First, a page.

Missouri legislators move to ban businesses from demanding a “vaccine passport”

The Missouri House of Representatives first approved a measure banning government agencies or businesses from requesting COVID-19 vaccination on Monday night.

The debate over “vaccine passports” is intensifying in Congress as the eligibility for firing increases.Missouri expanded its eligibility to all adult and state health authorities last week Preparing to tackle widespread hesitation against vaccines..

Last week, the state legislature passed a bill banning the requirement to obtain vaccines for travel or transportation systems. Governor Mike Parson, who emphasized his belief that vaccination is a personal choice, said a trip to Missouri does not require vaccination.

But the House bill, which requires another vote before going to the Senate, is the most extensive proposal. It would prohibit the state from issuing a document stating that someone had received the vaccine and prohibit private companies from requesting vaccines for their customers or employees.

Republican Rep. Adam Schnelting of St. Charles added this clause to an irrelevant bill dealing with the procedure for confiscating animals from their owners.

Mr Schnerting said he was afraid without such measures. [their] Grocery, grandma cannot get a prescription without a passport. “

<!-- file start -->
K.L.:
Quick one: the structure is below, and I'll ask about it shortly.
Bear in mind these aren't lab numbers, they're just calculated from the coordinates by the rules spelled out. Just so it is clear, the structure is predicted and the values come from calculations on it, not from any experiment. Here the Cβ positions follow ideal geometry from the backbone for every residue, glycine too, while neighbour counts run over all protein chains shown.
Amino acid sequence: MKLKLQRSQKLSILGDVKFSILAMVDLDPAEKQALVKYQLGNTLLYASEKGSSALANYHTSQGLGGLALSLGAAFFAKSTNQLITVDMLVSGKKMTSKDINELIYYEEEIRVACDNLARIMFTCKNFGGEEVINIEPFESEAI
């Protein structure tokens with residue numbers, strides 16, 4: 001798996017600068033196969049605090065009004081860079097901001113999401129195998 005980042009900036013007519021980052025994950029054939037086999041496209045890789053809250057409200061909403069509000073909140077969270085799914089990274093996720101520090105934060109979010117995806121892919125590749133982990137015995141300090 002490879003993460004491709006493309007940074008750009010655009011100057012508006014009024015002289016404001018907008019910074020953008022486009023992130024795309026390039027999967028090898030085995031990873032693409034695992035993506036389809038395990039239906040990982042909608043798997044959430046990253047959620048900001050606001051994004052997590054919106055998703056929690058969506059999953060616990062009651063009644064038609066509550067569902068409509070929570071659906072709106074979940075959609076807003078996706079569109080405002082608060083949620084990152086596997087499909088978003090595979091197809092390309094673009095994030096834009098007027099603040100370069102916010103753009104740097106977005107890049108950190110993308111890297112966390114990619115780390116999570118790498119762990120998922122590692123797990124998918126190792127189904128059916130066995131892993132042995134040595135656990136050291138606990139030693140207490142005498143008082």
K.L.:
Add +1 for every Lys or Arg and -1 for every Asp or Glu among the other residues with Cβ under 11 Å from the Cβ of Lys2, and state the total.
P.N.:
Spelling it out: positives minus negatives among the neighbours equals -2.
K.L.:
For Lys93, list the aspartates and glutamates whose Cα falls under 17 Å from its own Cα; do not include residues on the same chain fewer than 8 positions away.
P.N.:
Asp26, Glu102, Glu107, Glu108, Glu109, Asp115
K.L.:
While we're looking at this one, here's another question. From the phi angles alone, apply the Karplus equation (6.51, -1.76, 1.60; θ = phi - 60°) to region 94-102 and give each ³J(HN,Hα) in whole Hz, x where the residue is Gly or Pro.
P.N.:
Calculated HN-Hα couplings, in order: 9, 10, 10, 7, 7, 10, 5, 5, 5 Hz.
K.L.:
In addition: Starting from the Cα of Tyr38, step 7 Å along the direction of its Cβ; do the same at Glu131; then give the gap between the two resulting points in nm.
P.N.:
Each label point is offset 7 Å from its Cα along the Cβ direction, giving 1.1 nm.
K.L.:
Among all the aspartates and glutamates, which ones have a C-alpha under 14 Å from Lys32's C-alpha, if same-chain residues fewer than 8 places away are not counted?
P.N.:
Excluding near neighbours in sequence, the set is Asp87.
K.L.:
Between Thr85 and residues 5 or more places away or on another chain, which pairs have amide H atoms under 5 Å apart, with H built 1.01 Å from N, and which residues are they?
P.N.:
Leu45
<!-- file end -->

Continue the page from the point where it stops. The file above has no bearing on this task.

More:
“If we’re not careful … we’ll allow the United States of America to become a fourth quasi-government agency, far more powerful than anything we’ve ever seen. “He said.

The bill was approved with an 88-56 vote. Some Republicans, such as O’Fallon’s Tony Lovasco, disagreed with potential vaccine requirements, but said they “need to be consistent” against government restrictions on private sector decisions. Stated.

“Just because businesses are open to the public doesn’t mean they’re public property,” Robasco said.

Democrat Peter Merideth of St. Louis said the proposal would prevent nursing homes from requiring employees to be vaccinated to keep residents safe.

Under the bill, companies in need of vaccination will be disqualified from state grants or contracts.

As of Sunday, 31% of Mizurians have been vaccinated with COVID-19 vaccine at least once. According to Parson, the state estimates that about 40% of the population will lose one person. Estimates depend on the proportion of the population that needs vaccination to achieve herd immunity, but many health professionals say it is around 80% or more.

Parson said this month that he didn’t need a vaccine passport to travel to Missouri, but said the requirements set by the private sector were “no problem.”

Nationwide, some companies, such as cruise ships, airlines, and other travel agencies, say they will need to document vaccinations from their customers when they reopen.

Person’s comment follows the addition of a vaccine passport ban to the Senate’s traffic bill two weeks ago. This amendment bans vaccine passports for customers to access “transportation systems or services” such as public transport, planes, trains and taxis.

Opposed by most Senate Democrats, the bill was adopted 24:10.

Senator Greg Razer, a Democrat in Kansas City, also proposed banning these services from discriminating against gay and transgender people. This is a type of anti-discrimination bill that has not been passed in Missouri for more than 20 years.

It failed, 16 to 15. Five Republicans joined and supported all ten Democrats.

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